Choosing to live with not very much of anything. - Page 6 - Mothering Forums

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#151 of 155 Old 10-19-2009, 02:36 PM
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Originally Posted by darcytrue View Post
I don't see what this family is doing as bad either....but if the SAHP is home while the kids are in school then I wonder why they don't work PT or work from home. You mentioned they earned six figures in the past. That part is odd to me. If my kids were all in school I'd be terribly bored if I didn't at least work at home, which I do now and I homeschool my kids
Do we know for sure they don't work from home? The level of simplicity the OP describes could very easily be voluntary, despite a large income, rather than because of a small income.
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#152 of 155 Old 10-19-2009, 03:00 PM
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Just because the kids are in school does not mean that there is a ton of free time.

Around here schools start at crazy staggered times. With 3 kids I could see someone spending 2 hours in the morning and then again in the afternoon getting kids back and forth from school. Add after school activities and it quickly becomes a full time job!

Maybe the SAHP volunteers at the school. Maybe the SAHP is working on a novel. Maybe there is an underling medical reason to not work, you can't just look or talk to a neighbor and really know. Some of the odd behavior of the neighbor could be explained by something like this. Or maybe they hate working and love being at home and available. Not everyone has a need to be busy all of the time.

It all comes back to different choices and different lifestyles.

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#153 of 155 Old 10-19-2009, 03:22 PM
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Originally Posted by lolar2 View Post
I didn't see anyone here saying that grazing is bad. The OP was concerned because her neighbor's children are not permitted to graze. Some other people, including me, said that children can be well-fed without grazing, so the OP probably doesn't need to worry in the absence of actual neglect signs. That's all.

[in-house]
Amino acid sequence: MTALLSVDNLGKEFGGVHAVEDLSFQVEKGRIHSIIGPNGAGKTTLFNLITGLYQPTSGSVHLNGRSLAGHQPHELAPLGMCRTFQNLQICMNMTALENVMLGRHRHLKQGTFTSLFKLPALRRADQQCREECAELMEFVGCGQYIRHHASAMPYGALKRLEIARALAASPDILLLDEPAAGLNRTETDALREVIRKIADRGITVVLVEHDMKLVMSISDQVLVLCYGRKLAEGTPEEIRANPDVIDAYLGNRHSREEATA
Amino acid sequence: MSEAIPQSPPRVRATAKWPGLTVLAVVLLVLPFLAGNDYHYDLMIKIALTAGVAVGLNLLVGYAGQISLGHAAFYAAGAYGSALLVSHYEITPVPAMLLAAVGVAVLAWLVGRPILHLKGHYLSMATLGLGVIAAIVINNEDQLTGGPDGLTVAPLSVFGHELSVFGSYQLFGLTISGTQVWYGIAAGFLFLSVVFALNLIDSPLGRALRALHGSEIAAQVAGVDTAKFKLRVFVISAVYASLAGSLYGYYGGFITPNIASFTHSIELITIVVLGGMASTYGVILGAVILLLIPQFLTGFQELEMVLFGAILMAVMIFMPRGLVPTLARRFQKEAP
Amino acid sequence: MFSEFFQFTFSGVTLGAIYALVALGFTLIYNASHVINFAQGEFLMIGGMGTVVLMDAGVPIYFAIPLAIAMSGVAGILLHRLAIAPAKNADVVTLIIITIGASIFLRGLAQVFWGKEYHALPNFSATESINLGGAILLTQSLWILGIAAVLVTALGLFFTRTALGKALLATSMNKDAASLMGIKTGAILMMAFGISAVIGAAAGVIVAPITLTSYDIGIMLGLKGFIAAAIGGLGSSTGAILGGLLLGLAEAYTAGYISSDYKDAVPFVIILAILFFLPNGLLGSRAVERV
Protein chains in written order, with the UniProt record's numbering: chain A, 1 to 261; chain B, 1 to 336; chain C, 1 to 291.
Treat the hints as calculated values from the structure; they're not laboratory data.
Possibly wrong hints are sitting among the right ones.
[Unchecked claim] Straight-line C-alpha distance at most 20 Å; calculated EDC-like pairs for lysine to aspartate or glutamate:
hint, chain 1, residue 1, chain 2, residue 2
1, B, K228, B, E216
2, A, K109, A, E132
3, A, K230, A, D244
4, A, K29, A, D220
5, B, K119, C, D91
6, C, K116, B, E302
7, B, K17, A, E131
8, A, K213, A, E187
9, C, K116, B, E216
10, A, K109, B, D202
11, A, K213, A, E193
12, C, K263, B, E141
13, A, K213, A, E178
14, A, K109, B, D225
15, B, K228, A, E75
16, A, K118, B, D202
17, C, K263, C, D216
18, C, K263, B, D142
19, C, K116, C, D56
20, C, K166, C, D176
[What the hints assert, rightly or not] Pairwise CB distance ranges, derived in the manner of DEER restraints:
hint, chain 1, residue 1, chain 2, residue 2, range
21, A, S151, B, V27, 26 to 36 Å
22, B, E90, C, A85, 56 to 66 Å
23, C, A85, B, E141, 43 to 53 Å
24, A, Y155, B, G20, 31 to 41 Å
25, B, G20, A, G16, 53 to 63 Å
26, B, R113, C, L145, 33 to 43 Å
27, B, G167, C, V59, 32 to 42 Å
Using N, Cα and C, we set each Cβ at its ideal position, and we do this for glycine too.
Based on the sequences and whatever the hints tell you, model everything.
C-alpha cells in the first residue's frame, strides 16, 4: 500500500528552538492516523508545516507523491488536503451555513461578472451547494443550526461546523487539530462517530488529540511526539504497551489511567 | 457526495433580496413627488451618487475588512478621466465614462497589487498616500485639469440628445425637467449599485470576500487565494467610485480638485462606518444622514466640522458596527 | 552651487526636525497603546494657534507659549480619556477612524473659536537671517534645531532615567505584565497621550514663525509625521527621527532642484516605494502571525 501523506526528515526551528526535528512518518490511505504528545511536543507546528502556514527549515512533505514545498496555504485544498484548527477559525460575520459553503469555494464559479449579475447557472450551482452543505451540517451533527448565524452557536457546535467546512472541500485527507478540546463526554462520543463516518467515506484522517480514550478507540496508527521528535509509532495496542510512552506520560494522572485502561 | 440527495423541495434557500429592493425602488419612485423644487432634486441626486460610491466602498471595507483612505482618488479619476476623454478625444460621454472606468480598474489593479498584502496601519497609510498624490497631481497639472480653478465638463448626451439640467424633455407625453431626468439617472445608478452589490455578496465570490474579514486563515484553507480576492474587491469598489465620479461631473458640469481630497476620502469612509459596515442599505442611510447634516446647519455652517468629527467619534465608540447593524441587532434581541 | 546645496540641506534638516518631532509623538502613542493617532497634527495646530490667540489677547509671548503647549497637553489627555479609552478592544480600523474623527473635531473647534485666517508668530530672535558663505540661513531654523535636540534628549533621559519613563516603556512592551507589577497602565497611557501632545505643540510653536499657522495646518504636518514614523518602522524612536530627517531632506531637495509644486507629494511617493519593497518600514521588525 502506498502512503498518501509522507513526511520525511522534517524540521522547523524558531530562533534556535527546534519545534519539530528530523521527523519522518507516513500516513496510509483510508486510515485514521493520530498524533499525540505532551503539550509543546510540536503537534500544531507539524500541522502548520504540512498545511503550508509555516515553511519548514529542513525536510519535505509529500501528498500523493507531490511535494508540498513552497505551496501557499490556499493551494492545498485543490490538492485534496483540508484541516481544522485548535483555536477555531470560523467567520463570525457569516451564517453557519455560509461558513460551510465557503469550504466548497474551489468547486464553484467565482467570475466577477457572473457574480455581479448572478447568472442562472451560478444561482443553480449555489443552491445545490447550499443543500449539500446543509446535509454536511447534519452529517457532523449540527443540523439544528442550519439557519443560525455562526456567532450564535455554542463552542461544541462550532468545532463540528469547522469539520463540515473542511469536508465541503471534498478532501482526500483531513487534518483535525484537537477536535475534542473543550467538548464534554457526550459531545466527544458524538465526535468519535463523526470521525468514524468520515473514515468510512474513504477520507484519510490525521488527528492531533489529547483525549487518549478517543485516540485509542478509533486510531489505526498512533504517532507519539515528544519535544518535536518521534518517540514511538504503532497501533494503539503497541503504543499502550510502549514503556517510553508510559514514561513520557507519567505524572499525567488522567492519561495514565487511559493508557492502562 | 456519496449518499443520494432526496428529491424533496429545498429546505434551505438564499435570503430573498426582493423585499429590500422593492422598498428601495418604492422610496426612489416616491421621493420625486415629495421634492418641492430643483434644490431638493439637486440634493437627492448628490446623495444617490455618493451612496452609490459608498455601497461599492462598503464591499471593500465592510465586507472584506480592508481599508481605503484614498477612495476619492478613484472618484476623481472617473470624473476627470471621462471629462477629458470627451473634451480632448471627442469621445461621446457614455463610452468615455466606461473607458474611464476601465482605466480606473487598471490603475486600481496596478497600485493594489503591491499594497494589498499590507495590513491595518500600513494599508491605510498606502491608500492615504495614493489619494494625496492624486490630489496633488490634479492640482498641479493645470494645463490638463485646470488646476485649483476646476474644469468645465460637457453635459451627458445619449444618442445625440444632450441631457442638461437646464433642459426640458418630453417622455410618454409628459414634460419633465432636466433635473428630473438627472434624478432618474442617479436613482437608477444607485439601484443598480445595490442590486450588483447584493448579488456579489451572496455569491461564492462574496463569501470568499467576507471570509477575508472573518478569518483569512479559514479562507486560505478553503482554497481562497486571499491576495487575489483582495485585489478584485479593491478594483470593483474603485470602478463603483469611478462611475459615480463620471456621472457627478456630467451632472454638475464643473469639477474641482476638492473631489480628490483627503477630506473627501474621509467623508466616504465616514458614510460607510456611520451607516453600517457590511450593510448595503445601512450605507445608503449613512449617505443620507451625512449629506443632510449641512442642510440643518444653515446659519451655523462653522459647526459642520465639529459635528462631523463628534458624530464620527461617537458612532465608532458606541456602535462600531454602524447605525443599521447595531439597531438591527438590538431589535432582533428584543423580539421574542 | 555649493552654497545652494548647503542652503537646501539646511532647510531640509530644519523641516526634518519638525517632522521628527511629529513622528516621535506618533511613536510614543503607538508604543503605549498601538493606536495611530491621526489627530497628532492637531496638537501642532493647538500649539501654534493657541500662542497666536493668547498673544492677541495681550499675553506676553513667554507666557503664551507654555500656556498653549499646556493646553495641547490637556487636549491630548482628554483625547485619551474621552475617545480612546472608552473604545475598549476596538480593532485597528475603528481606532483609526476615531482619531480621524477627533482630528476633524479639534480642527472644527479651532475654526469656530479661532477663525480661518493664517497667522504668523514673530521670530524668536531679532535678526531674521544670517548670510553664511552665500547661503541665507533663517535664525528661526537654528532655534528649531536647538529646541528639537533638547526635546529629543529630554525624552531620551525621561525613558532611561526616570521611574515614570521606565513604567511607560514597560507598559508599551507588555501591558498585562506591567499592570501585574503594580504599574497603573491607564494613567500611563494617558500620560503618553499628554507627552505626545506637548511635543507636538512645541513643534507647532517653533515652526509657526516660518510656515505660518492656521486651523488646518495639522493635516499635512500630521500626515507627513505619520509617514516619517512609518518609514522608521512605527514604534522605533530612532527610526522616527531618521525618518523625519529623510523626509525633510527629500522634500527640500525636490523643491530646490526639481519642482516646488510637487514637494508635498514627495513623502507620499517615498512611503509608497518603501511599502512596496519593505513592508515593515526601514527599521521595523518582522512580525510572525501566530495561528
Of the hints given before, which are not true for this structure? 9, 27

There were a couple of people who said that grazing is bad, they don't get why people allow it, and that it leads to obesity. It's a long thread, and not a lot of people seemed to feel that way. And like I said, there might be two different groups of people saying those two apparently contradictory things.
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#154 of 155 Old 10-19-2009, 03:28 PM
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I read *most* of the posts...

I don't believe that a simple lifestyle amounts to deprivation, but that does not mean that children see it that way. But even if the children feel or act deprived, that doesn't necessarily mean that they are. Example: I too grew up without much of anything in the way of toys, foods I found interesting, nice house, etc. My parents probably could have made more money, but it was not their driver. I felt pretty deprived and jealous all the time. I remember yelling at my mom one Christmas because my friend got new skis and I didn't and I DIDN'T EVEN SKI, lol! I also don't necessarily think it leads to the desire for a more material life in the future. I always thought I would be the opposite of my parents as an adult, but I actually wound up the same. I don't know how that happened, but I'm glad.
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#155 of 155 Old 10-19-2009, 04:12 PM
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*haven't read through the whole thread*

I recently re-read the first book in the Little house on the Prairie series and I'm reminded of how much we have and don't need! Those little girls had only a few dresses, a couple of toys (Laura only has a corn cob with clothes for the first half of the book), very little "extras" and kind of bare-bones food. But they had everything a child could ever possibly need. They had loving parents, a warm bed, room to run and explore, each other's company, and good food to grow on.

They got SUPER excited when Pa brought home fabric so Ma could make them each a new dress. They were excited to see and taste white sugar. They spent the evenings watching Pa make bullets so he could hunt the next day. They helped with the chores. They pretended to have tea parties under their favorite tree with nothing more than their dolls.

Imagine if you took Laura and Mary and stuck them in a modern American's house. Would they not go running around trying to see everything and touch everything? Would they not gobble up every bit of food they've never tried or don't get on a regular basis? Would they not ooh and aah over the 20+ outfits today's kids seem to need?

That is not neglect and certainly nothing to be ashamed of. I'm actually trying very hard to get AWAY from all of the materialistic stuff. I'm weeding out a lot of the junk toys and replacing them with books and toys that are educational and/or conducive to open-ended play. I don't have cable or internet, or even a computer (I use my mom's or DBF's when I need a little "me" time). My children are not deprived in the least, nor was I, and I was raised without many extras too.
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